Cambodian garment factory workers. ILO/Flickr. (CC 2.0 by-nc-nd)

This year’s ILC debate has been important in that it has elevated labour’s voice, aggregated its claims, and in turn brought political attention to whether (and how) GSCs can and should be regulated in the service of worker protection. But as Sharan Burrow, general secretary of the International Trade Union Confederation, says: “last night’s discussion was a very good step – it lays the groundwork and opens conversation”.

But workers’ successes this week go far beyond opening the conversation. Alliances have been made, lessons have been shared, and new tools of communication have been tried out. More significant than anything though has been the final conference text. For, as delegates have told us, the wording of that text opens the door to the ILO now initiating a process – however tortuous, slow, and political – that could, with enough mobilisation, eventually lead towards a binding international convention on decent work in global supply chains.

That convention has long been labour’s goal. It knows that neoliberalism un-moored capital from any of its national harbours, and it knows that only a global response will suffice to ever come close to subordinating it to the social good. This is why, for labour, being ‘on the convention track’, so to speak, is so important. It requires a tool that it could, in the best case scenario, use as leverage to re-balance the power scales – something global that could potentially establish and enforce transnational corporate accountability. It needs a framework that can translate moral responsibility into legal liability. And it needs a success of this scale to announce its push-back against decades of de-regulation.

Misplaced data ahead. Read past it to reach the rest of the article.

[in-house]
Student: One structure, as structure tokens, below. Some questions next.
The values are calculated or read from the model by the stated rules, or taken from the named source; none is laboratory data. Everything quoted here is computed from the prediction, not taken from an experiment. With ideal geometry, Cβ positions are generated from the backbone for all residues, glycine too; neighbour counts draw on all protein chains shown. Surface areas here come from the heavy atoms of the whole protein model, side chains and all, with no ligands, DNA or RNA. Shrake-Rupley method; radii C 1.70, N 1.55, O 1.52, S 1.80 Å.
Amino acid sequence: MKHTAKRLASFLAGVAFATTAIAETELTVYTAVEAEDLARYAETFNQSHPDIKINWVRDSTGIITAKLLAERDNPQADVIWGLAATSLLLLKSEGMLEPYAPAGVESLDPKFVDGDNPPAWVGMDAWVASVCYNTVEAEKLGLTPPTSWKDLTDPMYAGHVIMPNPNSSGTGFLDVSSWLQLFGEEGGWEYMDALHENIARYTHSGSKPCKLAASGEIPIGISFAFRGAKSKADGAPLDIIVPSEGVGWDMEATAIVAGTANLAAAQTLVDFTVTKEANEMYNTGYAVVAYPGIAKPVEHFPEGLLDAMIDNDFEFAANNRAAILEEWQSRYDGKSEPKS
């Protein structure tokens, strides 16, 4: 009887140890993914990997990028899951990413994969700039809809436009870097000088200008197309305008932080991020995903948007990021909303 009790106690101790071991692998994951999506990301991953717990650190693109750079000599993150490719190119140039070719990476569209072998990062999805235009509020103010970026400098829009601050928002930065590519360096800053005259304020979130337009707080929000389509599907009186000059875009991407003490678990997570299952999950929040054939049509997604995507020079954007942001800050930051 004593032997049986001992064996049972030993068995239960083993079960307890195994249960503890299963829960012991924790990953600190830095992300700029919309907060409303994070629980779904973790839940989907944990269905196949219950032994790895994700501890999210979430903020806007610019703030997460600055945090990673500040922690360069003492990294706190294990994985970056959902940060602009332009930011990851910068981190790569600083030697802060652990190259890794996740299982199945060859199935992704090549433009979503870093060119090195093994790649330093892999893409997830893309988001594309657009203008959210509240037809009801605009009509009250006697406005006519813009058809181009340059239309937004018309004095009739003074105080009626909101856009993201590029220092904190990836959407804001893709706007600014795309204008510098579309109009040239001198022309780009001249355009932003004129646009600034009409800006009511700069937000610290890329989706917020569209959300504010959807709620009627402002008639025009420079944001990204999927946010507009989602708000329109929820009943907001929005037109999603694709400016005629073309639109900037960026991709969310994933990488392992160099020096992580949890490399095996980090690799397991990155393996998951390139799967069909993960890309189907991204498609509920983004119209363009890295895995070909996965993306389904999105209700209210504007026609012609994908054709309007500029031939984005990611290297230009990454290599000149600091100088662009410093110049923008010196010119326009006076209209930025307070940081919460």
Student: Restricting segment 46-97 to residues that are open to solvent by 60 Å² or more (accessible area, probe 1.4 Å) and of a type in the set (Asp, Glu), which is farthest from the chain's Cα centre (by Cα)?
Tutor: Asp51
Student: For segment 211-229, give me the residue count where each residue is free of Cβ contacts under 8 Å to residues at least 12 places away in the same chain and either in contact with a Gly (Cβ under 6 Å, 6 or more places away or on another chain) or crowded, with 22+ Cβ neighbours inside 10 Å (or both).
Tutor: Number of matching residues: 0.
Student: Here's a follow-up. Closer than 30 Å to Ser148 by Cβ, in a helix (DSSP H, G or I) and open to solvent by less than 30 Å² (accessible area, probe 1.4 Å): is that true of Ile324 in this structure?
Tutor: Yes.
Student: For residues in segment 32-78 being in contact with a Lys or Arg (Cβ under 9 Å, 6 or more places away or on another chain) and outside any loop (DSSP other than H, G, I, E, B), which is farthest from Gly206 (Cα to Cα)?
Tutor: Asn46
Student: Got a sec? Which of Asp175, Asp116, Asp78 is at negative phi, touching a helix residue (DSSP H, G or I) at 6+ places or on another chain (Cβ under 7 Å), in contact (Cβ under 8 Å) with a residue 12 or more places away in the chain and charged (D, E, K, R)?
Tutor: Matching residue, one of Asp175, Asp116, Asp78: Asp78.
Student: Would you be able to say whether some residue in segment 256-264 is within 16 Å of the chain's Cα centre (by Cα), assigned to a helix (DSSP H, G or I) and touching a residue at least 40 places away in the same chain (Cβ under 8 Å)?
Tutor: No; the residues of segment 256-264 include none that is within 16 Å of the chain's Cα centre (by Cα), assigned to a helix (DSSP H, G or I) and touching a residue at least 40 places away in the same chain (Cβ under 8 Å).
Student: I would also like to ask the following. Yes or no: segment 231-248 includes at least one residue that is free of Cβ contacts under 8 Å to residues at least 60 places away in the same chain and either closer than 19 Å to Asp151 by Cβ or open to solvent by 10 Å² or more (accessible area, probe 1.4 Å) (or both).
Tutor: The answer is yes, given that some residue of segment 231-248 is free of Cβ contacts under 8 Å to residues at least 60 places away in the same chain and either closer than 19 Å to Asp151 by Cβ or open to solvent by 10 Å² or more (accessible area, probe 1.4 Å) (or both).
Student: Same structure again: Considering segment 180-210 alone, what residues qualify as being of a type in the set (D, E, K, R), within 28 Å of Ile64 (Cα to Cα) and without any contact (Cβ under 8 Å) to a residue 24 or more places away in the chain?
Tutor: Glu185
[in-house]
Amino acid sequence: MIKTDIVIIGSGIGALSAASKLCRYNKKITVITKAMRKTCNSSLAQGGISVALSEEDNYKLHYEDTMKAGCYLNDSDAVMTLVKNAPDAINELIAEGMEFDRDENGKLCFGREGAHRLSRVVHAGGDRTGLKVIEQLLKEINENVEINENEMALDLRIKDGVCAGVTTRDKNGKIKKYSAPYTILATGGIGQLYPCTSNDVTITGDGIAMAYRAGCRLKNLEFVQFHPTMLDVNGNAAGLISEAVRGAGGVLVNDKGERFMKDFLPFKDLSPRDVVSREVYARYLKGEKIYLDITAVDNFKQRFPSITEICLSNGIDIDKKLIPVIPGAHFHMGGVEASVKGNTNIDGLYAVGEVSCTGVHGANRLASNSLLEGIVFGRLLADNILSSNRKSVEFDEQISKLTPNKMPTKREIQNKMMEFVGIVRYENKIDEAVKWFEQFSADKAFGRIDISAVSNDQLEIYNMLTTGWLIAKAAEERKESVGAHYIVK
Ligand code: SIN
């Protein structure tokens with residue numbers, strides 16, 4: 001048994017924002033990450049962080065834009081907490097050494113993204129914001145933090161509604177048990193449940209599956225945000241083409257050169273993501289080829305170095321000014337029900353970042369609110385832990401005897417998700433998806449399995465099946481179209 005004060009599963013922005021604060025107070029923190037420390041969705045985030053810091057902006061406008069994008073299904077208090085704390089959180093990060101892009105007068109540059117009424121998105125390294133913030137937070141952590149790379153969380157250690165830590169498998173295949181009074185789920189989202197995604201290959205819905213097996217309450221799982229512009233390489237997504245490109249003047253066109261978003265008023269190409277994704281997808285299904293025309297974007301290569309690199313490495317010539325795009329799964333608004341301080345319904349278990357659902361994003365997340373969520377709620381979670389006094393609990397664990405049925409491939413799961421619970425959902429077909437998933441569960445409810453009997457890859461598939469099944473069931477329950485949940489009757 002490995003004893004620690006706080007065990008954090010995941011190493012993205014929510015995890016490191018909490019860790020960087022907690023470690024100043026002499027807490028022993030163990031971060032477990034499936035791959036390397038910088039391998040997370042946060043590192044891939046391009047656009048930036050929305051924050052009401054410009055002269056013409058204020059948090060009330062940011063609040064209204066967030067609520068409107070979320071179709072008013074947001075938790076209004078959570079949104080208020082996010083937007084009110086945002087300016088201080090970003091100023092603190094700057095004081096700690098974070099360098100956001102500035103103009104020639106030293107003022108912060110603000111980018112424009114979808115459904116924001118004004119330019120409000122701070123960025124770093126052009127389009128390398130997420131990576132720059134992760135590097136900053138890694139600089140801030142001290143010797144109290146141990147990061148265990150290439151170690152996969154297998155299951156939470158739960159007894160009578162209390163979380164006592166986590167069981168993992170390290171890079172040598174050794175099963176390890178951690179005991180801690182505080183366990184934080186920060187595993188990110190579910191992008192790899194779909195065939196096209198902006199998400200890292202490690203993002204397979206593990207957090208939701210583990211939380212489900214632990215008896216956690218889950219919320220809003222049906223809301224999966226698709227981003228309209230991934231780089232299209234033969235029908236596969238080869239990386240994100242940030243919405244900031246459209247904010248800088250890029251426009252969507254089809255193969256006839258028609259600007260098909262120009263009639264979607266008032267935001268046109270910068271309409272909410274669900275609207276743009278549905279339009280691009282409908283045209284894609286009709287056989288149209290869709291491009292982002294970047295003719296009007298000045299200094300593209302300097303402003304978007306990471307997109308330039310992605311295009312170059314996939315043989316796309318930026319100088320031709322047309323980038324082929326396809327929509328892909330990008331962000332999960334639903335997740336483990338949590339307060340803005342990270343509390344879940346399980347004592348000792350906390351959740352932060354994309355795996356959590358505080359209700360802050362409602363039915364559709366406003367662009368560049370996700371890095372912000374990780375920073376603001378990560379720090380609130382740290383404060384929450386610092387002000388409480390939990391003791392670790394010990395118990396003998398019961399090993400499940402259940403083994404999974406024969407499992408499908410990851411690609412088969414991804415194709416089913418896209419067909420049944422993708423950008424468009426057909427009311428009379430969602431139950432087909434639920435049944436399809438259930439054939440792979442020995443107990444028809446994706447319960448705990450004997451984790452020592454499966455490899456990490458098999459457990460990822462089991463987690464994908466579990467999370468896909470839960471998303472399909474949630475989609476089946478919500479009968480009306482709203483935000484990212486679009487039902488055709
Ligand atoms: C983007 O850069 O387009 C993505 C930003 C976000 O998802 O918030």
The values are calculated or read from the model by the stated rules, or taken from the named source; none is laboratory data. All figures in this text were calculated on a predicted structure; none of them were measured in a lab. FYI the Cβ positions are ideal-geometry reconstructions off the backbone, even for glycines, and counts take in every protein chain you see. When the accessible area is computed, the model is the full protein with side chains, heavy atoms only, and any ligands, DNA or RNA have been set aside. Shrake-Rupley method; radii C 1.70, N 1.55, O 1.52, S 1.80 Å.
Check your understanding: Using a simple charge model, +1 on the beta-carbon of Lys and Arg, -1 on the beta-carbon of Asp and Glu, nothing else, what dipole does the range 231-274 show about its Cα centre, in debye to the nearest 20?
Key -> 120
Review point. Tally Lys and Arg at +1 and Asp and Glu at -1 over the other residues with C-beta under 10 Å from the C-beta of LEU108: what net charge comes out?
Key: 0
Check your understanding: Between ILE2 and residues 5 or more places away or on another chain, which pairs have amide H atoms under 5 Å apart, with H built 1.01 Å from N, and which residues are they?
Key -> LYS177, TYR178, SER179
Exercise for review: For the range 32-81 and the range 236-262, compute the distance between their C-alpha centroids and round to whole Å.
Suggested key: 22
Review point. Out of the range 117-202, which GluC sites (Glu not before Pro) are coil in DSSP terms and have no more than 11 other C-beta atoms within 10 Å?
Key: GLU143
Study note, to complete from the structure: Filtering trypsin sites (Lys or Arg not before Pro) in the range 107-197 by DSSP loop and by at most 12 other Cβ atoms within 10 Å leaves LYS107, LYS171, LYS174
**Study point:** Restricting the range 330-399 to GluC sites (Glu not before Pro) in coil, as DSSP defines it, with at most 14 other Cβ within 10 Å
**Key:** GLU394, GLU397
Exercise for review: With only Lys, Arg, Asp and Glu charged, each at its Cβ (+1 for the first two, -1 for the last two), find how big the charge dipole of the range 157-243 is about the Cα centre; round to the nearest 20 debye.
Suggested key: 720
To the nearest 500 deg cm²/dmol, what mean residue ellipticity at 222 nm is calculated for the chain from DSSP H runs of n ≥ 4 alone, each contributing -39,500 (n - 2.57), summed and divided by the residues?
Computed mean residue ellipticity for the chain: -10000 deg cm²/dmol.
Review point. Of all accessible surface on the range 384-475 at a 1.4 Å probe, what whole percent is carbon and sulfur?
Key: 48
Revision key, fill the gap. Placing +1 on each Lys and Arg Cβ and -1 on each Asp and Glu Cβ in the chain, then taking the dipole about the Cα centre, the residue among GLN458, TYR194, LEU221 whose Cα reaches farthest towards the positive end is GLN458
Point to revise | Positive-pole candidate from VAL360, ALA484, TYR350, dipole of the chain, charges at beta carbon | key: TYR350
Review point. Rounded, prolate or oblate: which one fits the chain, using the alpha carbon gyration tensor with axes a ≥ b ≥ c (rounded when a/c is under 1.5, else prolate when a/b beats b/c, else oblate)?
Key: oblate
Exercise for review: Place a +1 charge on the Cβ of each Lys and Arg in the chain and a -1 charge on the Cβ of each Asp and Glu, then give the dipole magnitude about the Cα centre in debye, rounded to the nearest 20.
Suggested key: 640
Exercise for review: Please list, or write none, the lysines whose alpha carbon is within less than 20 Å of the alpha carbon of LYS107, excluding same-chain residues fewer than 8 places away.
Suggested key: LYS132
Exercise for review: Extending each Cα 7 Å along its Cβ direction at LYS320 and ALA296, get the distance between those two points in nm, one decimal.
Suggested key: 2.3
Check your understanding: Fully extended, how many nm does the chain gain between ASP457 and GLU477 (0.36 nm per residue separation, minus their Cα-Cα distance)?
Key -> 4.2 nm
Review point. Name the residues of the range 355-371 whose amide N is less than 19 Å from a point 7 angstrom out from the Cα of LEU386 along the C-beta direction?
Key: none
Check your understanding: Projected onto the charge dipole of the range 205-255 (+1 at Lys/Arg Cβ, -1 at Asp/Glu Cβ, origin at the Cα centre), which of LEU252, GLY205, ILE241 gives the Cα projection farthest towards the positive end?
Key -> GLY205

When Karl Polanyi wrote The Great Transformation he knew that nothing could be taken for granted, and that the success – or failure – of any social counter-movement would be determined by the strength and effectiveness of its organisation in the struggle. The same is true for labour today. And the goal for the labour movement, as well as for social justice activists more broadly, is to organise well enough and loud enough over the next 12 months that the 2017 International Labour Conference will be discussing an actual convention and not just its possibility. This will not be easy. And it will require a major shift in ILO positioning away from ‘neutrality’ and towards workers’ rights. But it will begin almost at once – as we shall see throughout the summer with coverage on Beyond Trafficking and Slavery.

About the authors

Neil Howard is an academic activist based at the Institute of Development Policy and Management at the University of Antwerp. His research focuses on unfree labour, and on the workings of the policy establishment as it seeks to respond. Follow him on twitter @NeilPHoward.

Cameron Thibos is the managing editor of Beyond Trafficking and Slavery and Mediterranean Journeys in Hope. He is a former research associate at the Migration Policy Centre of the European University Institute in Florence, Italy, and holds a D.Phil from the Department of International Development at the University of Oxford.